Like all good stories, the history of our galaxy has a twist in the tail.
Researchers at Macquarie University and the Chinese Academy of Sciences have shown how the Milky Way becomes increasingly “warped” the further it spreads out.
The team scrutinised hundreds of pulsating stars up to 100,000 times brighter than the sun to create a map which shows the real shape of our star system.
Macquarie’s Professor Richard de Grijis says the results are surprising.
“We usually think of spiral galaxies as being quite flat, like Andromeda which you can easily see through a telescope,” he says.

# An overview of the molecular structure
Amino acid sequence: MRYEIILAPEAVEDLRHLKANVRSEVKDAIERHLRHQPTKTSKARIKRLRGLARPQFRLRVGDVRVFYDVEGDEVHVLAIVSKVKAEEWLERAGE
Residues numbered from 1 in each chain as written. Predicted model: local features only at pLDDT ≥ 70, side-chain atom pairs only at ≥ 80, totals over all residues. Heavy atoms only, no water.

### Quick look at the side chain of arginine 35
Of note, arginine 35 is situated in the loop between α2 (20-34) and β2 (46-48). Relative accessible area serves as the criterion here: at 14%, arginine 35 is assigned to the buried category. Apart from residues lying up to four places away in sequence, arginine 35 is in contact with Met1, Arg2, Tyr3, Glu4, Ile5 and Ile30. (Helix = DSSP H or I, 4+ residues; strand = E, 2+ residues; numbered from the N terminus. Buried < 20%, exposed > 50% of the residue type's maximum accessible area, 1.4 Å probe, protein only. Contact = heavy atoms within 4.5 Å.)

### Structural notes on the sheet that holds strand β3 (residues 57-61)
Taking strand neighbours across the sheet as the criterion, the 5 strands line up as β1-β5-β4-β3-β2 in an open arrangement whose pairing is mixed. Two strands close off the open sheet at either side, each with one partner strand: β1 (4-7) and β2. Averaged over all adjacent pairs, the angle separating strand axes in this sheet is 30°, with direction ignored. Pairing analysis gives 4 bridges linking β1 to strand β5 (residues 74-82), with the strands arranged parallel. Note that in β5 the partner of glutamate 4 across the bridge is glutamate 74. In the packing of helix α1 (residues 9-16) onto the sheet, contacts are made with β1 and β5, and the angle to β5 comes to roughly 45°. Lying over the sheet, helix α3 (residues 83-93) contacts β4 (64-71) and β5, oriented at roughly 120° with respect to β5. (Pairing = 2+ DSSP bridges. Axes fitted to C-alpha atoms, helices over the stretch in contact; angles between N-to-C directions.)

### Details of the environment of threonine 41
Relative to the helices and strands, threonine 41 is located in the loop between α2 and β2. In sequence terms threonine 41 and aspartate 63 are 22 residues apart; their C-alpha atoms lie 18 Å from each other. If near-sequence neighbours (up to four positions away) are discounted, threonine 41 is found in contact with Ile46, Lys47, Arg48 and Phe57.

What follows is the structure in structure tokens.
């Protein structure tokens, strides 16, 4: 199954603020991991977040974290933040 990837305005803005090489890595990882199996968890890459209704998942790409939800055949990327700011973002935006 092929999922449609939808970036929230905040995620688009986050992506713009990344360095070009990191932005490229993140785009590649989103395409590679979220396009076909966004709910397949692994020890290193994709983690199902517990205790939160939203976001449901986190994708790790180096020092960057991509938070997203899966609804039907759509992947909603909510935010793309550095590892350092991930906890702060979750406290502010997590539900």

What the map shows, however, is that the Milky Way becomes progressively more twisted and spiral-shaped as it progresses.
It also confirms the cause: torque or spinning force generated by movement of the galaxy’s massive inner disc of stars.
The map will make it easier to measure distances from the sun and improve our understanding of the Milky Way’s outer reaches, as well as the origins of its inner core.
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